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Clown Loaches Size Guide (How big do they grow)

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Clown Loach (chromobotia macracanthus), or tiger botia, are wonderful freshwater fish to have in your aquarium, but what do you know about an adult Clown Loaches size and growth rate, and how big do Clown Loaches get?

On average, Clown Loach measures 3mm in length at birth, growing to 1 inch in its first 6 weeks. In the wild, a full-grown Clown Loach can reach 16 inches +, with reports of 12 inches or more in captivity. You can expect an average Clown Loach to reach a maximum size of 6-10 inches in an aquarium.

There is varying information when looking for the biggest clown loach recorded, however, one report of the largest clown loach ever known to be housed in a home aquarium is 16 inches long.

Clown Loaches Size

Baby Clown Loaches measure around 3mm, but breeding is not the easiest (even for experts), so many of those for sale in fish stores have been captured.

If you are interested, I have written a complete guide to Clown Loaches. It covers everything you need to know about this species of loach, from its natural habitat, diet, tank setup, water parameters, breeding, and much more.

Clown Loaches Size Chart & Growth Rate

The table below will give an average of a Clown Loach’s growth rate and expected size throughout its development until it becomes a full-grown adult clown loach.

AgeSize in cmSize in inches
Birth to 6 weeks3mm to 2.5cm0.12 to 1 inch
6 weeks to 1 year2cm to 7.5cm0.8 to 3 inch
1-2 years5cm to 15cm1.95 to 6 inch
2-5 years5cm to 16.5cm1.95 to 6.5 inch
5-10 years12.5cm to 20cm5 to 8 inch
10 + years15cm to 25.5cm (+)6 to 10 inches (+)
The Clown Loach Growth Rates above are the expected averages. Adult size is largely dependent on their growth in the early stages.

The sizes in the table above are expected averages aggregated from research data, other aquarists, and my own experiences.

You can see from this table how fast a Clown Loach will grow, especially in the first couple of years of its life until maturity. Their growth gradually slows until around 5 years of age, when their growth rate reaches its slowest phase.

Plenty of aquarists have reported Clown Loach sizes of 6-8 inches within their first 2 years, whereas others have reported sizes much smaller. Many factors need to be considered when estimating growth rates for any fish.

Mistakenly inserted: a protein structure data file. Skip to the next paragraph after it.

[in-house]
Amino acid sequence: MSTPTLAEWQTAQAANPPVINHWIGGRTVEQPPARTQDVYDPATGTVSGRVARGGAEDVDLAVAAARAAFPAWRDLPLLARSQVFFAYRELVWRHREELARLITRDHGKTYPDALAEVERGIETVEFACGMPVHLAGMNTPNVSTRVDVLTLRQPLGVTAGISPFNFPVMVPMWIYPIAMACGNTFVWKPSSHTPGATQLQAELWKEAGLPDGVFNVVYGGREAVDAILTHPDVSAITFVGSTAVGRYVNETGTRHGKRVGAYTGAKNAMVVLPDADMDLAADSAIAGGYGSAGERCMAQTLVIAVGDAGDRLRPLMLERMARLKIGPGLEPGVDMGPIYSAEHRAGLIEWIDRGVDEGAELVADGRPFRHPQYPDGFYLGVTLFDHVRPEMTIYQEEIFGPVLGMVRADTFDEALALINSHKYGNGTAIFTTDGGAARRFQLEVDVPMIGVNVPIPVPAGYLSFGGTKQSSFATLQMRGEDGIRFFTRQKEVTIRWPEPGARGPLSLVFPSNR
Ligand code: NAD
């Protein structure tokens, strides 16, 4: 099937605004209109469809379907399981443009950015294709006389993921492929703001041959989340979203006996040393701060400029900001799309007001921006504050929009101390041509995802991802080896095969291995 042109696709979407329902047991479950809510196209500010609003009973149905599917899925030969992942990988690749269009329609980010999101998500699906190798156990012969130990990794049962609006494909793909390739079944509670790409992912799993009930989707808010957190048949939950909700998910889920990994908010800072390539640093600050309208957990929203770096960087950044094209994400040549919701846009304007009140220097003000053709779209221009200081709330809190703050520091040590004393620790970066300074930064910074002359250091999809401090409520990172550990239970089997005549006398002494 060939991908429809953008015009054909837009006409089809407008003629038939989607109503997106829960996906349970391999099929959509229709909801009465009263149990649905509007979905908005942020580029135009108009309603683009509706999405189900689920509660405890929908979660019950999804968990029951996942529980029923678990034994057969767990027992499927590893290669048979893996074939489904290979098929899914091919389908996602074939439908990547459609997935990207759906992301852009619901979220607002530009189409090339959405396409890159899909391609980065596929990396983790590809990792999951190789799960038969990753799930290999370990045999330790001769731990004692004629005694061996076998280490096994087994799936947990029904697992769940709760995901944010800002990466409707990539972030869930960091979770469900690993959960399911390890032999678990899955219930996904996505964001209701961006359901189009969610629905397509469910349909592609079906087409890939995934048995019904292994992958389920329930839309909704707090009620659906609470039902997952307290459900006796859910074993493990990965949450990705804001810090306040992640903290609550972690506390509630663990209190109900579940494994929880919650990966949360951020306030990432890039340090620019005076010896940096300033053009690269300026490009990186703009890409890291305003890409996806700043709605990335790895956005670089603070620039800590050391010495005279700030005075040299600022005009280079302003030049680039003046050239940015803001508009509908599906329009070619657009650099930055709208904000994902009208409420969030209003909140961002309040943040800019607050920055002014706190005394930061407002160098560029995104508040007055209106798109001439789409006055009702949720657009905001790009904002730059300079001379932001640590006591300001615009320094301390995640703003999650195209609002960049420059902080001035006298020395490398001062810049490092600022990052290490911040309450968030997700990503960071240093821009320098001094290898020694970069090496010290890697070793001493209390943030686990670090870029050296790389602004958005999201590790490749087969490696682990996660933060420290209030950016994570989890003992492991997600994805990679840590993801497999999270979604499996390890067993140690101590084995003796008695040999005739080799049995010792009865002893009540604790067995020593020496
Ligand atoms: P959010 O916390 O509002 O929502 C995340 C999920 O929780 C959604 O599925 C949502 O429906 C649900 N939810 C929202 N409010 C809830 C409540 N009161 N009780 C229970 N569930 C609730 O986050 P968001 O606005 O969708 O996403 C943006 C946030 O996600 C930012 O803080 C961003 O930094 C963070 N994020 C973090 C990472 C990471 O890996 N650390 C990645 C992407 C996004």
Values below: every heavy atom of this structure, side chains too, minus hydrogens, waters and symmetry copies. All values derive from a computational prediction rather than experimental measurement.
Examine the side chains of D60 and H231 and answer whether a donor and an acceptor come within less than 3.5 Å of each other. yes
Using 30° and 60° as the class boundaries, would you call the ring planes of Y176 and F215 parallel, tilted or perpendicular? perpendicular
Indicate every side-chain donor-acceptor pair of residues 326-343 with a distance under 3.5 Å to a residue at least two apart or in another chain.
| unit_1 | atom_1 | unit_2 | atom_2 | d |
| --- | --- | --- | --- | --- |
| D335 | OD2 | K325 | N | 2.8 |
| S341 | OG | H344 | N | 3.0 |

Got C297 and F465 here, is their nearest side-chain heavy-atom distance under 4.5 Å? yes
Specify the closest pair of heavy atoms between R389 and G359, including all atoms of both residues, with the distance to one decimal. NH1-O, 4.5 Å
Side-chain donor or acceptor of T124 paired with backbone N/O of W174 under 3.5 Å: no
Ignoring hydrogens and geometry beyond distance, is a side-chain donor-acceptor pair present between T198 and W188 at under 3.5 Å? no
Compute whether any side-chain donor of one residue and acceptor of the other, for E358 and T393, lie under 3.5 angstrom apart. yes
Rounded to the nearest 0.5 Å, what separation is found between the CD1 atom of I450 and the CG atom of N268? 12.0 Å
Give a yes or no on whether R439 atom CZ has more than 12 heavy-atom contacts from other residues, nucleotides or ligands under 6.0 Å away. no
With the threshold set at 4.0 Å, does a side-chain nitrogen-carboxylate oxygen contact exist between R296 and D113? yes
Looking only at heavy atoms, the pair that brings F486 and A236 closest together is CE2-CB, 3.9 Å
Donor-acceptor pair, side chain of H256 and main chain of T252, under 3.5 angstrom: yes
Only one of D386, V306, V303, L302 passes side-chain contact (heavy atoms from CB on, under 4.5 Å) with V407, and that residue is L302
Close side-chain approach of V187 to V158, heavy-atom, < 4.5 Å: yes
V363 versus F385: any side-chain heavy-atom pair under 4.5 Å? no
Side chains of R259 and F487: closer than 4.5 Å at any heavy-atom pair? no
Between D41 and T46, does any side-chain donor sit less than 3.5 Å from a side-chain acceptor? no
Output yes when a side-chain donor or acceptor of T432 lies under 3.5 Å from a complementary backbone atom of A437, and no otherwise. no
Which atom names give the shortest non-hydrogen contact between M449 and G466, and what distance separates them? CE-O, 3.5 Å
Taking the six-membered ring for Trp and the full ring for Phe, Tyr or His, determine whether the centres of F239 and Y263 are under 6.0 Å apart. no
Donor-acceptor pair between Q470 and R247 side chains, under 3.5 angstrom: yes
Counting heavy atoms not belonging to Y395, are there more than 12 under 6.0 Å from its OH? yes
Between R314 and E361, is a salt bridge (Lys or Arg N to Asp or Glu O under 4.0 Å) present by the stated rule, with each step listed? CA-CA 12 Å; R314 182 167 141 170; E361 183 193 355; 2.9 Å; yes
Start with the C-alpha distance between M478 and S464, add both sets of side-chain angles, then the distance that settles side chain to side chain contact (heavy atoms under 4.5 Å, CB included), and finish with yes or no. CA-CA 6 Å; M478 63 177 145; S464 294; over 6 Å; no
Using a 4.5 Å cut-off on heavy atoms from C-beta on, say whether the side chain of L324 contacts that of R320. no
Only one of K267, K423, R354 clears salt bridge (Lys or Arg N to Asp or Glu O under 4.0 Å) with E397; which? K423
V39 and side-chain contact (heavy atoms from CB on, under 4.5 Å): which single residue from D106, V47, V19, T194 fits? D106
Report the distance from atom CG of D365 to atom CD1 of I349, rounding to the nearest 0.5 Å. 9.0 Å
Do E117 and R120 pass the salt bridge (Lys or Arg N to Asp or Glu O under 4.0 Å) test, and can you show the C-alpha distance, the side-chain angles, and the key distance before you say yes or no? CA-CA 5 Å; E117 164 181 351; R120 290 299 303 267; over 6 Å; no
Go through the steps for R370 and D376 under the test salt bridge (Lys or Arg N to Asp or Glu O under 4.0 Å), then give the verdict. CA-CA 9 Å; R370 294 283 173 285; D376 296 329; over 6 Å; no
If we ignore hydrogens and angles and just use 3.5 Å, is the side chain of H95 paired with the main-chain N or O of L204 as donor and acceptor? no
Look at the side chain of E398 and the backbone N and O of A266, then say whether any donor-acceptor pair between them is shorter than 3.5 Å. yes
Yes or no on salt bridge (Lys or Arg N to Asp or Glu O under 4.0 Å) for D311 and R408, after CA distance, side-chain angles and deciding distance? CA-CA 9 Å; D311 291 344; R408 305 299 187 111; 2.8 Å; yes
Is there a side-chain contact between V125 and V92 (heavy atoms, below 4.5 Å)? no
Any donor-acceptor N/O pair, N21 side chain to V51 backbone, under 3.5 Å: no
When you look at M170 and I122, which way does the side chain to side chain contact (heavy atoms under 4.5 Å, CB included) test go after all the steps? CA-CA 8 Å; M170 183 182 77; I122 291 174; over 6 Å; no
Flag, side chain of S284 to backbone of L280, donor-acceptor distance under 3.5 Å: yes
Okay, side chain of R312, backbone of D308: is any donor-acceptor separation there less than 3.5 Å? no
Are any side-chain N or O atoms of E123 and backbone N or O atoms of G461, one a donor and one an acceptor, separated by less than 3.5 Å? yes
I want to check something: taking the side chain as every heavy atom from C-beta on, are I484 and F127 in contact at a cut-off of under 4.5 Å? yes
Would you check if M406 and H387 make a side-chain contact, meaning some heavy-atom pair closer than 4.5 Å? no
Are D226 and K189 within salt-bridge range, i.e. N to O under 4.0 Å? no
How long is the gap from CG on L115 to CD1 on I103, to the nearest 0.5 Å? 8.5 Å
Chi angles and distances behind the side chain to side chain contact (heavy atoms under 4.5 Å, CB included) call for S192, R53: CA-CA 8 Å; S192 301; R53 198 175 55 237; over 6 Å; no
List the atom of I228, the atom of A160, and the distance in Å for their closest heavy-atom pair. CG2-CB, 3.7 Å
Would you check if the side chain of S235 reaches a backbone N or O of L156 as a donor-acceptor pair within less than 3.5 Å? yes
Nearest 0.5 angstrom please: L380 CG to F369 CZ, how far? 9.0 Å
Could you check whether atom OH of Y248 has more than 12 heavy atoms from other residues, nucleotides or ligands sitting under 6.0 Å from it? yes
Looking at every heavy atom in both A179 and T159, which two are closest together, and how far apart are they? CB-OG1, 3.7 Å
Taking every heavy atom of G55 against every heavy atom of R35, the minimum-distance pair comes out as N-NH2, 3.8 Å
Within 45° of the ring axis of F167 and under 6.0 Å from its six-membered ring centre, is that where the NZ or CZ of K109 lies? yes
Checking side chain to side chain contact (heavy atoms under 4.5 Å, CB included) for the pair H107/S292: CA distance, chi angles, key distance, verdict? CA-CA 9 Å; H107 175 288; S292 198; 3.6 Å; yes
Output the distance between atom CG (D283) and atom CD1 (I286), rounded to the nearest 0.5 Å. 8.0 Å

You will also notice that the clown loach size chart is a very broad guide, especially at 5-10 years and 10+ years, because each Clown Loach will develop at a different rate in the early years, and it would therefore be difficult to estimate a clown loach full grown adult size.

How Fast Does A Clown Loach Grow To Full Size?

Once an adult Clown Loach reaches around 6-8 inches in length, growth slows to between 1/2 and 2 inches per year. Whether a Clown Loach reaches full size within the first 5-10 years of its life will depend on many factors, such as living conditions, general health, and feeding.

The point at which you will have a full-size, full-grown clown loach can be difficult to estimate. Clown Loaches will experience the main growth between the ages of 1 and 5; however, a healthy loach will continue to grow throughout its life.

If your Clown Loach reaches 10 years of age, this is considered good in captivity and will be considered a fully-grown clown loach.

Clown Loach Lifespan

The average Clown Loach lifespan when in captivity is around 10 years, and with good care and a healthy environment, this can increase. There are reports of wild clown loach living as long as 20 years or more.

Even though it is doubtful that you will manage to keep a Clown Loach in an aquarium for 20 years, it is worth understanding that they are often a long-term investment in your fish tank.

The average clown loach age depends on whether they receive good care and a healthy diet, but be prepared as you may end up with a huge clown loach.

What Factors Play A Part In a Clown Loaches Growth?

The simplest way to guide you in which factors play the biggest part in a Clown loaches size and growth would be to emphasize the importance of making their environment as close to natural as experienced when living in the wild.

Good Clown Loach care is critical. It’s no coincidence that Clown Loaches live longer and grow bigger when living in the wild, so you need to consider what factors contribute when in their natural habitat.

A few ideas would be:

  • Food – (These botliids have varied diets in the wild). I have written an informative guide on what clown loaches eat where you can learn more!
  • Tank Water quality – (Oxygen levels, lack of harmful chemicals, cleanliness). Correct water parameters are important for any healthy fish.
  • Tank Water temperature – (Temperatures enjoyed in the wild are between 25-30 °C or 77-86 °F).
  • Space – (Freedom to roam, exercise, and exhibit natural behavior).
  • Companionship and suitable tank mates – (Living in groups will make a Clown Loach happy and playful rather than stressed and not eating).
  • Aquarium Plants – (Plant matter is also part of a Clown Loaches Diet and gives them privacy to roam and forage during the day. Floating and submerging plants are good for your clown loaches fish tank as they will help block light and give plenty of privacy).